Donald Hess has a great knack for picking vineyards and making wines that are able to express unique qualities of a particular region. When he was at the helm of the Hess Family Estates, he was able to bring together a collection of wineries that all showed an intrinsic aspect of a certain terroir. This was evident when I tasted two of their wines from the Salta Province of Argentina, Colomé (one of the oldest wineries in Argentina), and Amalaya, with Colomé winemaker, Thibaut Delmotte, a few weeks ago.
Hess has the ability to see a piece of property’s potential as a future high quality producing vineyard, even though it may be considered an uninhabitable place by others. Some of the properties that he has planted in Salta were said to be too dry and/or too high in altitude to produce high quality grapes.
The Importance of Water
Water plays a great role in growing healthy grapes. Wet, humid climates, such as Virginia in the US and Bordeaux in France, can have excessive water. Too much water and humidity may cause diluted grapes, too much energy into the leaves, too little energy into the grapes, development of a shallow root systems and vine disease.
Alternatively, lack of water can cause extreme stress for the vines, which can incidentally cause photosynthesis to shut down. Photosynthesis is the process by which the vines convert light into energy, and so, it is easy to see how this could be a problem.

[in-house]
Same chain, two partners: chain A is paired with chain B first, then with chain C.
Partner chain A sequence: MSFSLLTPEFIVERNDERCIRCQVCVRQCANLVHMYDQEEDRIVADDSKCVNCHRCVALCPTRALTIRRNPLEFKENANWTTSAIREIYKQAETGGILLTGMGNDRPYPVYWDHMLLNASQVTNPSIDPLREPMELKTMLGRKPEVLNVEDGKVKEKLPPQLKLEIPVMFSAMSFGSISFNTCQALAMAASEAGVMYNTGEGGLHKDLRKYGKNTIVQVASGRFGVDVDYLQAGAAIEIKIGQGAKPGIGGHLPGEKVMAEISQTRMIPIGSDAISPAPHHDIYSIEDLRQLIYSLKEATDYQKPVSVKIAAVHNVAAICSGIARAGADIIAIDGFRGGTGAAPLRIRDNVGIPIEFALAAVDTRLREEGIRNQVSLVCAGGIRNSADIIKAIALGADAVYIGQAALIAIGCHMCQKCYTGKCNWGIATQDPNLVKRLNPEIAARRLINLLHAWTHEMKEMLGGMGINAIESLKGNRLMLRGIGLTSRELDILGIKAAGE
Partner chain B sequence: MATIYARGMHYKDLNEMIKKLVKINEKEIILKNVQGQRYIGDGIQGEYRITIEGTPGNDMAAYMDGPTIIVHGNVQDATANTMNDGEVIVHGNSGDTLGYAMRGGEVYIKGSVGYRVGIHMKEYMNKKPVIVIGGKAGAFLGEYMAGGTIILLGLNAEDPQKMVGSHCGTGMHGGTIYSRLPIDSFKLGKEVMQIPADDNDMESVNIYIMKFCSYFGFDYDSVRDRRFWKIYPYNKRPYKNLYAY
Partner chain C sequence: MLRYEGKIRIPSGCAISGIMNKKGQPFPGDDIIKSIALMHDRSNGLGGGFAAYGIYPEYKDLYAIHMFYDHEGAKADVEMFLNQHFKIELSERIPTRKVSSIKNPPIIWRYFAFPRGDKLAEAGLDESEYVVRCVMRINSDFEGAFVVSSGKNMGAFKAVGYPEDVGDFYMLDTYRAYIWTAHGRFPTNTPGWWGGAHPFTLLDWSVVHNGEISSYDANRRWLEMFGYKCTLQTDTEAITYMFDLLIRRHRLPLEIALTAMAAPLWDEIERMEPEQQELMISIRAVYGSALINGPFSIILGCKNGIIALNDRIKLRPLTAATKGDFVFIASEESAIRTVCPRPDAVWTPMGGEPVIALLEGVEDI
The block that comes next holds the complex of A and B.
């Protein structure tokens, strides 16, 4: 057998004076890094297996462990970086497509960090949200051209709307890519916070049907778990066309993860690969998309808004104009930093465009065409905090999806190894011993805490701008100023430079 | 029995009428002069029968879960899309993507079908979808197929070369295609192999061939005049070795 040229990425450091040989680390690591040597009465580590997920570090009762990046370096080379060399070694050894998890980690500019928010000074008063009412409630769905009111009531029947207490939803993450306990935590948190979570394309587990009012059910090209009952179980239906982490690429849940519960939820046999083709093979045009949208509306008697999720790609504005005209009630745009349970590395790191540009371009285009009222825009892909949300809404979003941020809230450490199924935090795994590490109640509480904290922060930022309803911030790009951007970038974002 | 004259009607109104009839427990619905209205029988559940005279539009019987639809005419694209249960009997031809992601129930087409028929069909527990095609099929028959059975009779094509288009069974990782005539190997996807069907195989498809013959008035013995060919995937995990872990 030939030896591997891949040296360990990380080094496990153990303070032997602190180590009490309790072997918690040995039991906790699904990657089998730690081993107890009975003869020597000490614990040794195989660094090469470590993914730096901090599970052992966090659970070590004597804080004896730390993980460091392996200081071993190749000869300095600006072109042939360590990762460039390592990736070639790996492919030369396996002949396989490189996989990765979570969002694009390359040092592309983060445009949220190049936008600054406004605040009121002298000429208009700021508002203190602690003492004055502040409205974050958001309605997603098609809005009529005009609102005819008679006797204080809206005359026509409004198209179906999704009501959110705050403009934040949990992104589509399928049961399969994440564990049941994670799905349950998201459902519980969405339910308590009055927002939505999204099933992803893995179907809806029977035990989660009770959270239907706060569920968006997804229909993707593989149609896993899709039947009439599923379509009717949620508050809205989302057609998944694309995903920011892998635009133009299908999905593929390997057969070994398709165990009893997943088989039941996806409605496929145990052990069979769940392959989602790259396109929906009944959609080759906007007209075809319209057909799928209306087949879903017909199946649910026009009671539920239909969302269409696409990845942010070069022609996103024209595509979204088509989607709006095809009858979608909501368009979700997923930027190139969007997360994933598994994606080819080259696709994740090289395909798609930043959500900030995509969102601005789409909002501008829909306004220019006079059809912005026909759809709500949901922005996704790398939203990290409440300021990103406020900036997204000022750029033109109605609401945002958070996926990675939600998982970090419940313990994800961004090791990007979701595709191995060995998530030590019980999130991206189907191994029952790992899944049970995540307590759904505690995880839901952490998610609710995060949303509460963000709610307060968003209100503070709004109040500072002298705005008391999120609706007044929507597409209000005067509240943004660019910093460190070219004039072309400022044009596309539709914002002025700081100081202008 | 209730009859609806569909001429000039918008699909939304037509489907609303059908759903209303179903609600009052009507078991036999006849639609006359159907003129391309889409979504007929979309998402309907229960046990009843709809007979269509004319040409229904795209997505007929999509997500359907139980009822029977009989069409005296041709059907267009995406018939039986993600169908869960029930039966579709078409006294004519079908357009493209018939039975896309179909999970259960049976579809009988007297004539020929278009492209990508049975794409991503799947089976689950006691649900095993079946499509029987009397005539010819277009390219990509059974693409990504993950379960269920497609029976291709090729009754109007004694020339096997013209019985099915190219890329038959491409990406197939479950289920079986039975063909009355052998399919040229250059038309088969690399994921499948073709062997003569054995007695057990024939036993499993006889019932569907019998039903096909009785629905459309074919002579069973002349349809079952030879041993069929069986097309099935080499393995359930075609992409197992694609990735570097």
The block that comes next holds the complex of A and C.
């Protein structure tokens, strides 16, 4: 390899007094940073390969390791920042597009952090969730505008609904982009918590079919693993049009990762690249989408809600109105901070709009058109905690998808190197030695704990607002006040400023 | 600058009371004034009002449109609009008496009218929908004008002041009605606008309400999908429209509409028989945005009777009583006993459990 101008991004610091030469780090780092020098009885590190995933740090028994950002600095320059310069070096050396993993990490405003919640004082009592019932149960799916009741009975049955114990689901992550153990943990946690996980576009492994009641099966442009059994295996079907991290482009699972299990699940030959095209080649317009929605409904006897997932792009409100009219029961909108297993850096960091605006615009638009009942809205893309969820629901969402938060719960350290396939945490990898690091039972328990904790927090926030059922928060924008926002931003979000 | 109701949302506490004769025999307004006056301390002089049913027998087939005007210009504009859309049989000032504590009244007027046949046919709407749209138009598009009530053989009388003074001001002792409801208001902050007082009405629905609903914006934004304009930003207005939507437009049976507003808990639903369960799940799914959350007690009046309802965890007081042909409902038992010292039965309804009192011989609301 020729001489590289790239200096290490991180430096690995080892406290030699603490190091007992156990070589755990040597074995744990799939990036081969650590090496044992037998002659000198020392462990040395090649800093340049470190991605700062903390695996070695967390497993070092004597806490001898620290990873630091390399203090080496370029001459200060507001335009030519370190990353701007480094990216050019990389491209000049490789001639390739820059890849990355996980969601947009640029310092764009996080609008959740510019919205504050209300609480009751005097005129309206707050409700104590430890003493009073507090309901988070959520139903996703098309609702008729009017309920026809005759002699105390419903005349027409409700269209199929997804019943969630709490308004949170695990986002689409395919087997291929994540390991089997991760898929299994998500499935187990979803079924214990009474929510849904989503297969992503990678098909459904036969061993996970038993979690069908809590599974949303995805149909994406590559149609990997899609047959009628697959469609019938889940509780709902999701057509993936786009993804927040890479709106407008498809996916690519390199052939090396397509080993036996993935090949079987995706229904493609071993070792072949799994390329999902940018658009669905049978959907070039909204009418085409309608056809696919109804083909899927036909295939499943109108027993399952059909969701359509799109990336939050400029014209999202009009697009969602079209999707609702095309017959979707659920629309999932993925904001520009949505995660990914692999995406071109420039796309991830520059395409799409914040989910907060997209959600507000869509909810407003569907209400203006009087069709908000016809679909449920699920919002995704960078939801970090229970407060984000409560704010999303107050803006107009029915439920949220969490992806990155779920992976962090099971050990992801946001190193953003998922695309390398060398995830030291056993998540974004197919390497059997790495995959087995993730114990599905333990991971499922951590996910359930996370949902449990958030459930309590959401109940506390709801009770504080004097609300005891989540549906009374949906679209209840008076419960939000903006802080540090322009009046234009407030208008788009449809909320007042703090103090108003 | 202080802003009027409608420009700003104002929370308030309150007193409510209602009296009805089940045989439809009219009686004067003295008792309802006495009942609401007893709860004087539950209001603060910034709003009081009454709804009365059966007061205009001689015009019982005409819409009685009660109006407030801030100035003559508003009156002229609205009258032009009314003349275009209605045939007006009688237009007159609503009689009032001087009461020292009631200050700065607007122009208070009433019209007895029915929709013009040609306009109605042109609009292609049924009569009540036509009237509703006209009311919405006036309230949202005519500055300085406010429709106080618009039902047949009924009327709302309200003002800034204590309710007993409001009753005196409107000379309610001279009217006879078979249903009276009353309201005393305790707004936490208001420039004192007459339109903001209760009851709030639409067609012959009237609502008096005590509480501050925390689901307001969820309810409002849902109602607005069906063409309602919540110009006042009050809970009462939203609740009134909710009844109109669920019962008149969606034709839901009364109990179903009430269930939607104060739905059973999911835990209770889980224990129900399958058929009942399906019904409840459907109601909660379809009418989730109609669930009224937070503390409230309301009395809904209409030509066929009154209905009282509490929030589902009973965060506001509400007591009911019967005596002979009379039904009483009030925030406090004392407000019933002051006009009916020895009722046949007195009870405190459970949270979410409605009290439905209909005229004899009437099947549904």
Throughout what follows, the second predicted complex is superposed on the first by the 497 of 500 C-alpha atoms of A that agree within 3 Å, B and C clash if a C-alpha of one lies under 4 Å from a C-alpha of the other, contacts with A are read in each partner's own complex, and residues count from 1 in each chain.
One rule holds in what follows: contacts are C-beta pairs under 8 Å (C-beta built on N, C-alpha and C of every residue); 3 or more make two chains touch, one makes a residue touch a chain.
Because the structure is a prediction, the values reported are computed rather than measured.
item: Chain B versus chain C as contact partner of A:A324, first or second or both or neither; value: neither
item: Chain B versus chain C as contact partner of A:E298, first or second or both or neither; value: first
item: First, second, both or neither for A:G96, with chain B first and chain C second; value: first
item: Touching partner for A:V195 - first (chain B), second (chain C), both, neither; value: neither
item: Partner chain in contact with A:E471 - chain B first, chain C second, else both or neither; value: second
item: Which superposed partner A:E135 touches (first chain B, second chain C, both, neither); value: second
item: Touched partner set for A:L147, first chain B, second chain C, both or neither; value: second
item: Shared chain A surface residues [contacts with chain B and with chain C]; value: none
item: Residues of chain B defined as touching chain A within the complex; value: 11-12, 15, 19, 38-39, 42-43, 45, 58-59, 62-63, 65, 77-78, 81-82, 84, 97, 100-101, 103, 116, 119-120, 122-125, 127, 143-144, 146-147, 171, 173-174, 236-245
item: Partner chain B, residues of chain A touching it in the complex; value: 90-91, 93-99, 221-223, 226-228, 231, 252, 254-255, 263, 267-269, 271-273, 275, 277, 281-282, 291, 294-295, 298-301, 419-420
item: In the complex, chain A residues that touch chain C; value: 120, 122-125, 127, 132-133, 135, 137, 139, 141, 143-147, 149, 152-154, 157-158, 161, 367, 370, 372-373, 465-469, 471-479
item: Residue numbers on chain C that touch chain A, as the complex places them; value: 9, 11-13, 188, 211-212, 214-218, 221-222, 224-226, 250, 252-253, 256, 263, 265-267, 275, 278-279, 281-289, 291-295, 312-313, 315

The first property that Hess bought in Salta is called Finca Amalaya, and Amalaya later became the name of their second label. Amalaya, in Spanish, expresses the hope that a certain event will occur, even though many times that event seems like an impossible feat. Many locals thought it was madness for Hess to buy this property for the purpose of planting a vineyard, since there was no known source of water. But the story goes that he took off his ring and waved it in the air to sense the water in the ground, and to everyone’s shock, he found water. And not just any water, but what they call “sweet” water – it does not have high levels of salinity, which is important when using it in the vineyards.
Since Hess mainly made his fortune from building the largest mineral water producer in Switzerland, Valser Water Company, it is said that he has a strong feeling for finding pristine water. Call it a talent, call it a gift, but it is something that can not so easily be taught.
Donald Hess goes even further with his pioneering spirit of spearheading plantings in vineyards at high altitudes. Colomé has just released a wine which has the label of being the “World’s Highest Estate”, called Altura Maxima. The wine is made from Malbec planted in a vineyard that sits at an elevation of 10,207 feet (3,111 meters). Interestingly, Colomé tried many other varieties before settling on Malbec, even though one would think that they would settle on Malbec by default, but they wanted to see how other varieties would fair. They tried Cabernet Sauvignon, Tannat and Pinot Noir, yet due to frost issues in spring and early fall they needed a variety that had a short cycle and that had bud break later.